Pour into a buttered baking dish appropriate to size of the amount of the filling.

Center the first piece of piecrust on the dish.  Cut off what you need of the other one to fill in the ends.  Drizzle with a little more butter.  


Bake at 350 till nice and golden and the filling is bubbly and thick.  This will take about an hour, depending on your oven.

Prepare to be amazed.  Your house will smell so good!  Your husband will be beside himself.  





As you can see, it was good!

22 February 2016

THE TROLLS ARE AT IT AGAIN

I debated for three or four days about posting about this at all.


I discovered when checking stats the other day (which I do every now and then) that something called RRSING is a source of my blog traffic.

I clicked on it to see what it was, and lo and behold, here are my very own blog posts, with this crap up at the top of the page with a different URL!  I suppose they are a site which gathers up other people's posts and makes money on them with some sort of redirect?

There is a place to ask them to cease and desist if you think that this page as been added without your permission.  Duh!  The only fly in the ointment is that page does not work.  Neither does their "contact us" option on the menu bar.  

I have heard of this scheme before, and I did report it to Google/Blogger, numerous times.  If you have successfully dealt with this, I would like to know how you did it.  

It seems that there is always some jack-butt who is trying to take the pleasure out of blogging for those of us who do it for pleasure and friendship and fun.  

I would love to hear from anyone with suggestions on this subject.

Next time I will come back with something more pleasant to share.  I have a chicken pot pie made from scratch in the oven, and today is National Margarita Day.  So yes, there are more pleasant things than Internet trolls to talk about.  



19 February 2016

THE DOMINO EFFECT

Last week I brought that little camelback sofa home, which may or may not go into the bedroom later on when we tear into that this summer.  At any rate, for right now, I wasn't loving it too much where I parked it last week, right in front of the console table, so I decided to rearrange the furniture while Sweet Husband was off to the gym.  Of course, he fussed at me when he got back for not waiting for him to move heavy stuff, but I managed. 


WonderWoman, you know. 


For now, the console table is in front of the FP.


The red Bramasole chairs got tucked back in front of the windows.





The camelback got pushed up against the wall where the console table was.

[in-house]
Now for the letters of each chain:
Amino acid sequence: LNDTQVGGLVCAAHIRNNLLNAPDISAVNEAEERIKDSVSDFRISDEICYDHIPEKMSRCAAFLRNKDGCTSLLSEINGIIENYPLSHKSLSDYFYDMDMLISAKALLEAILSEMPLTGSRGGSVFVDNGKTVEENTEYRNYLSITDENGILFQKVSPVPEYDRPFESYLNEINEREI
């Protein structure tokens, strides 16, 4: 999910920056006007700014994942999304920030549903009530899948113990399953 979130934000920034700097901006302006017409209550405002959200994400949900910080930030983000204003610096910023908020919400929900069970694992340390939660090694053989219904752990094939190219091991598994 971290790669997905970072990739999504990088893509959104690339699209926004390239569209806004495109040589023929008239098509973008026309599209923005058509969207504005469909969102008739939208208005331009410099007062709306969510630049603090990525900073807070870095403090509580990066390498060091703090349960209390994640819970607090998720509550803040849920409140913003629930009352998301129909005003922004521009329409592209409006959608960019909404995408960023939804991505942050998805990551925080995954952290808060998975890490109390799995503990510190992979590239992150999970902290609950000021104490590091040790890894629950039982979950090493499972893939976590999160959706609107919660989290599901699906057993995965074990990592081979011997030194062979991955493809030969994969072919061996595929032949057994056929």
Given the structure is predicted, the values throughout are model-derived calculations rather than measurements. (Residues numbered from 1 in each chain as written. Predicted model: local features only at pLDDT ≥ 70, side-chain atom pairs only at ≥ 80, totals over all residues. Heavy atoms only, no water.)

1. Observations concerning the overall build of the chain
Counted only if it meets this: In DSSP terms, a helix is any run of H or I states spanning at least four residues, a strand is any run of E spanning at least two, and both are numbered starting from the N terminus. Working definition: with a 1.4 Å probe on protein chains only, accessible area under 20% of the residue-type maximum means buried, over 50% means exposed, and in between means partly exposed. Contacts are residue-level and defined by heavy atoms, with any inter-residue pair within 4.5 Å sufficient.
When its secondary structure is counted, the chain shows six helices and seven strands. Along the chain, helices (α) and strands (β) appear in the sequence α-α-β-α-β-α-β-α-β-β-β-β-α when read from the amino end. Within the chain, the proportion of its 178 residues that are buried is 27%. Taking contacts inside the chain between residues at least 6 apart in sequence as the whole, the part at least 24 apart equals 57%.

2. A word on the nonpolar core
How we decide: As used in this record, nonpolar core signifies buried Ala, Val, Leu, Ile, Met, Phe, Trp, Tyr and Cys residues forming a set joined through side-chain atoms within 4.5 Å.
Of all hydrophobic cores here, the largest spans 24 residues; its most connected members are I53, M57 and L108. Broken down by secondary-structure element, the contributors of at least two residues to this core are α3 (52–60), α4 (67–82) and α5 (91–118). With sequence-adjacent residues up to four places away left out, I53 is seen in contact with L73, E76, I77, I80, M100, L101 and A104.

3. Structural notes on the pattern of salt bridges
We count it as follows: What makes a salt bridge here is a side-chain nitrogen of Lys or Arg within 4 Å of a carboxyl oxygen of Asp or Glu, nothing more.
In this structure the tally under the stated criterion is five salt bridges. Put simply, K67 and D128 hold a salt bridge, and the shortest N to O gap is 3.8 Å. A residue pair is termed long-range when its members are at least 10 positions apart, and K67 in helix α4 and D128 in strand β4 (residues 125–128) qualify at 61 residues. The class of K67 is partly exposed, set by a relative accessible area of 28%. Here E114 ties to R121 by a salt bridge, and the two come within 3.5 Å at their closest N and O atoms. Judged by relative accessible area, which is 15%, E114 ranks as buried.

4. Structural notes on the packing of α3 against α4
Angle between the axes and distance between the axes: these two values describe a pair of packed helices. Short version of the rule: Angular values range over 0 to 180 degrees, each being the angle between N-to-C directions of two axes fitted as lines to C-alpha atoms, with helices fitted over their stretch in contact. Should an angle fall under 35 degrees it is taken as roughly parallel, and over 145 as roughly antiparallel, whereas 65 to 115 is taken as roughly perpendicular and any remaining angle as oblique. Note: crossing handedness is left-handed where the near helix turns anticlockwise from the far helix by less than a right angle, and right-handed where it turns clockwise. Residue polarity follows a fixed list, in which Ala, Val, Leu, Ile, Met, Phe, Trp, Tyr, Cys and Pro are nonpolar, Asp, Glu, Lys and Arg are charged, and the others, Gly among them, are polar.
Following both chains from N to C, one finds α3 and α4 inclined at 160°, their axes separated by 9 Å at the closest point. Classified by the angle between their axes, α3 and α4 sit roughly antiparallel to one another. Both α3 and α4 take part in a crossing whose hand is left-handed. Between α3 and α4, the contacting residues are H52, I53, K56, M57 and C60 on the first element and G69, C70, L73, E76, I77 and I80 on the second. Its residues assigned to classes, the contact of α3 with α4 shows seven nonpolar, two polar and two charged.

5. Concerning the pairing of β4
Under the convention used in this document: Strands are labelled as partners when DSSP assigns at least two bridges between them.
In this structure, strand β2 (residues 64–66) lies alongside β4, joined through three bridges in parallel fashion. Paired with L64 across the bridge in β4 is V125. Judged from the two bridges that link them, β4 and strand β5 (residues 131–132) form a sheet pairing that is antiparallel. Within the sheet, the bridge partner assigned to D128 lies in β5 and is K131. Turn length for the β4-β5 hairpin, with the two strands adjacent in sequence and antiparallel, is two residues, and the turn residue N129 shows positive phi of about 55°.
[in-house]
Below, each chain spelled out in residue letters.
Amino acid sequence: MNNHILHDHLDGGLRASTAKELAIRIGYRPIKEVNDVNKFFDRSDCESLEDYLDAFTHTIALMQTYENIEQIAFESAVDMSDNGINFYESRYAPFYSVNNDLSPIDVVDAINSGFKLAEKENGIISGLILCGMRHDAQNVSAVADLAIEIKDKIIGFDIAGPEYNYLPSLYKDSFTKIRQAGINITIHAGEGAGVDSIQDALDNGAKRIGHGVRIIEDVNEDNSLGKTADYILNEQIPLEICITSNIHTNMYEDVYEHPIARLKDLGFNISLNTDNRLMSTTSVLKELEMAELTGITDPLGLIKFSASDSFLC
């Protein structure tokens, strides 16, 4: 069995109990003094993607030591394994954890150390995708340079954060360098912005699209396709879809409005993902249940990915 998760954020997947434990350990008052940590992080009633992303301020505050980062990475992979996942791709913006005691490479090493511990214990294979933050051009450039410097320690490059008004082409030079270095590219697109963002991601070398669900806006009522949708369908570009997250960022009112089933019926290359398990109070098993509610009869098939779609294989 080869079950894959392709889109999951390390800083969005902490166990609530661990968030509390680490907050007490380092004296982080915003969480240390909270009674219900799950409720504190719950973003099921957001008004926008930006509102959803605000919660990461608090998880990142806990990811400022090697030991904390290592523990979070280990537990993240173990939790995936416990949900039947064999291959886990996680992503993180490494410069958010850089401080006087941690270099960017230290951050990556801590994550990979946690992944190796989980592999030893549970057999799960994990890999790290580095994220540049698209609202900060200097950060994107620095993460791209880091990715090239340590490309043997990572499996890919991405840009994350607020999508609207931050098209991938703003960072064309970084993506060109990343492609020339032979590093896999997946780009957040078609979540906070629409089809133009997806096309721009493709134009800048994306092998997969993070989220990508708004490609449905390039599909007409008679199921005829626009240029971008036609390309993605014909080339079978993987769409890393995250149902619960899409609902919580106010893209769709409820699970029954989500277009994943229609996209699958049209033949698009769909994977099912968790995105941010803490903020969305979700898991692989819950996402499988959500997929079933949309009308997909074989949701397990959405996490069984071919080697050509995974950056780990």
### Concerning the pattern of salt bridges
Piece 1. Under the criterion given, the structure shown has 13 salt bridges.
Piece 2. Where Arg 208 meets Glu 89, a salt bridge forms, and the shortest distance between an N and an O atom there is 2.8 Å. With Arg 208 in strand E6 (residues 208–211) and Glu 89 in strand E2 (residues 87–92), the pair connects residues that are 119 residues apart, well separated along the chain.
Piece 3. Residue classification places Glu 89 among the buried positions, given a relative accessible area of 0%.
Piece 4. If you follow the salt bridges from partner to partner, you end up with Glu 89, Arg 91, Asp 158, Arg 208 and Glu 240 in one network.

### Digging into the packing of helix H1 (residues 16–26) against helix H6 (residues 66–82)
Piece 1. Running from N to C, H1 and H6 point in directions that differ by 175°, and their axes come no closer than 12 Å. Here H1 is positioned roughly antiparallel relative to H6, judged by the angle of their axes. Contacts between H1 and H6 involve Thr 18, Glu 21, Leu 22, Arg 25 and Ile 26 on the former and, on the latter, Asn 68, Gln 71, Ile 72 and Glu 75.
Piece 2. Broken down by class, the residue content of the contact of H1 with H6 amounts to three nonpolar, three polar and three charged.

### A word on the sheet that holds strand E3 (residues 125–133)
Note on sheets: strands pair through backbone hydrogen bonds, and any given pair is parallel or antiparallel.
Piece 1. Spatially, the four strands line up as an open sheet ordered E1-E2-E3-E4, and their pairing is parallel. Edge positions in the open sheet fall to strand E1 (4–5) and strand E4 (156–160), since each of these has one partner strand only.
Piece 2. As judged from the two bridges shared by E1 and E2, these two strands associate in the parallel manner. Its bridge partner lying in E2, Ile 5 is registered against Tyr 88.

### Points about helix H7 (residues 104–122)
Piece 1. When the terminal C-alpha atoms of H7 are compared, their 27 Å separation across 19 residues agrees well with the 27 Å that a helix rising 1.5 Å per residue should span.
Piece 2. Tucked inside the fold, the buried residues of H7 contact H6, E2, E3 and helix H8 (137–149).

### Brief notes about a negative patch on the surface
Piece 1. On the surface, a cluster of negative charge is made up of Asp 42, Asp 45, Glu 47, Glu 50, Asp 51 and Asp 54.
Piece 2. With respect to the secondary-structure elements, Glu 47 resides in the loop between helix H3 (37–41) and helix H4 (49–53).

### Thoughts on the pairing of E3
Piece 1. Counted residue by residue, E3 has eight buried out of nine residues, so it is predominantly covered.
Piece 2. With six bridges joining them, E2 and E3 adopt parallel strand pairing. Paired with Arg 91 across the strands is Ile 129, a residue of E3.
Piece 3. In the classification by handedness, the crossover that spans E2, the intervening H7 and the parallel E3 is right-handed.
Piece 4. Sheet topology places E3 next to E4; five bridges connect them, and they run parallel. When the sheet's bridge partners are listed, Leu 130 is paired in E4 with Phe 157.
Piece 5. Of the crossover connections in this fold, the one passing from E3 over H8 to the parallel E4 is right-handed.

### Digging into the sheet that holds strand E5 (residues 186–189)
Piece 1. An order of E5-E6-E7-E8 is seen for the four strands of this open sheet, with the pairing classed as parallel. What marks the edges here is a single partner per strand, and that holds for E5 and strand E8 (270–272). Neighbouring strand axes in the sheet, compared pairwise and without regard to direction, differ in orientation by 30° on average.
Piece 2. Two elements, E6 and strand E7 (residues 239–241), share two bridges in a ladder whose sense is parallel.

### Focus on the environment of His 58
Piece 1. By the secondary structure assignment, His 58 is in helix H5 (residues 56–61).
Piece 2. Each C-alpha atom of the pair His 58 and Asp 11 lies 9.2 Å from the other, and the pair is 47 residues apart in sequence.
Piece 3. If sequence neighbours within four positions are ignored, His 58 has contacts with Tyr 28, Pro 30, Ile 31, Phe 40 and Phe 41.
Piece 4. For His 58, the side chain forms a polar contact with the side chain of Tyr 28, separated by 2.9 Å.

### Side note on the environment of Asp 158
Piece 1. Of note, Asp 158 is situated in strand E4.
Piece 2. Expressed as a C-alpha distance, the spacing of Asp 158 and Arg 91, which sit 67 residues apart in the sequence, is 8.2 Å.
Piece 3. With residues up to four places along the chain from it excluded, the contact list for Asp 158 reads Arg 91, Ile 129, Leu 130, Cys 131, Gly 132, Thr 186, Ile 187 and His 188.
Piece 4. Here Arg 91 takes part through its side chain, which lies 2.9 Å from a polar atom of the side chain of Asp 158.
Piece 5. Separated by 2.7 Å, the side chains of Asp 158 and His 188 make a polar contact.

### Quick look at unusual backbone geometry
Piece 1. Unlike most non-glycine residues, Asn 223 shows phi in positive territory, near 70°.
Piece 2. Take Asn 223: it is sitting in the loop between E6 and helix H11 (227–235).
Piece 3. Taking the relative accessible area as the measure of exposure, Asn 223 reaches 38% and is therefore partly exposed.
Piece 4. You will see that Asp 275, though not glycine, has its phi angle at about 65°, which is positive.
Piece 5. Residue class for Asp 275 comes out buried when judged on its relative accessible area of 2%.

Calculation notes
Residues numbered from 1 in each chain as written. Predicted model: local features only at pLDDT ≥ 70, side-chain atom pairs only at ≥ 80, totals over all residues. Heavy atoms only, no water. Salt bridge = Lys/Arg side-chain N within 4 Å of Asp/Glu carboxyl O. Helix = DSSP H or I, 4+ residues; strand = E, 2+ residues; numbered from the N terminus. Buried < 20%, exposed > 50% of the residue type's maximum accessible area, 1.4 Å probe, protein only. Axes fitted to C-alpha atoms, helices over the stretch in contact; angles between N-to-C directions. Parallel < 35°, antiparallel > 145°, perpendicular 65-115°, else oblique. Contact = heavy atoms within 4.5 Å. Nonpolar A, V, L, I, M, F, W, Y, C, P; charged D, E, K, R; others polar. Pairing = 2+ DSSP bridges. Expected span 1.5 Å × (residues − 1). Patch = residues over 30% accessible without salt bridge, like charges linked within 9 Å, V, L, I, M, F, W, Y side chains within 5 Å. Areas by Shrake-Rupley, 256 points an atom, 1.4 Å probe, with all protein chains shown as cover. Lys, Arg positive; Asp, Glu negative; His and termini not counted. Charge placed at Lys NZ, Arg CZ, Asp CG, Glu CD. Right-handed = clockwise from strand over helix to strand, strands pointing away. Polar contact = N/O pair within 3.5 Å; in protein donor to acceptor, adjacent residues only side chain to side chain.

At the same estate sale last weekend, I found this green biscuit barrel.




I am thinking that this camelback will get a new cover in this fabric.

I found another Indian pillow in HomeGoods.
It will probably wind up elsewhere.


So there you have it.  This is what happens when the husband is out of the house and something seems off kilter.  




Tomorrow we are off to another sale or two.  Who knows what we might turn up?  One of them listed a camelback in acid green silk -- maybe I should have waited one more week???  Oh well....


17 February 2016

LEMON CHICKEN PAPPARDELLE SOUP



LEMON CHICKEN PAPPARDELLE SOUP


Ever since we got Trader Joe's here in Birmingham late last year, we are like kids in a candy store.  It is a great place for people who love to cook and/or enjoy good food to go exploring and find new and wondrous things.  I know -- many of you have always had access to Trader Joe's, particularly if you come from the West Coast, and you probably think our honeymoon euphoria is amusing.  


I ran across some lemon pepper Pappardelle, which are big fat broad noodles seasoned with lemon and pepper, with no real idea what I was going to do with them.  We like all kinds of pasta so I decided, 'How bad could it be?'  I noticed a recipe on the back which called for shrimp, and I thought that might be what I would do, whenever I got around to it.



Then we had a thoroughly saturated day on Monday, with very heavy rains, quite cold.  The husband was working on our taxes, and that kind of weather always brings out the Julia Child in me.  Off to the kitchen and the food reserves I go, looking to see what I can find to cook that will warm up the soul.   The bag of Pappardelle were looking at me, and I found chicken breast fillets in the freezer.  Having just been to Sprouts, I had shallots, celery, carrots and Greek yoghurt.  Two boxes of chicken stock stood on the shelves, so that was enough for a soup of sorts.  Hmmmm.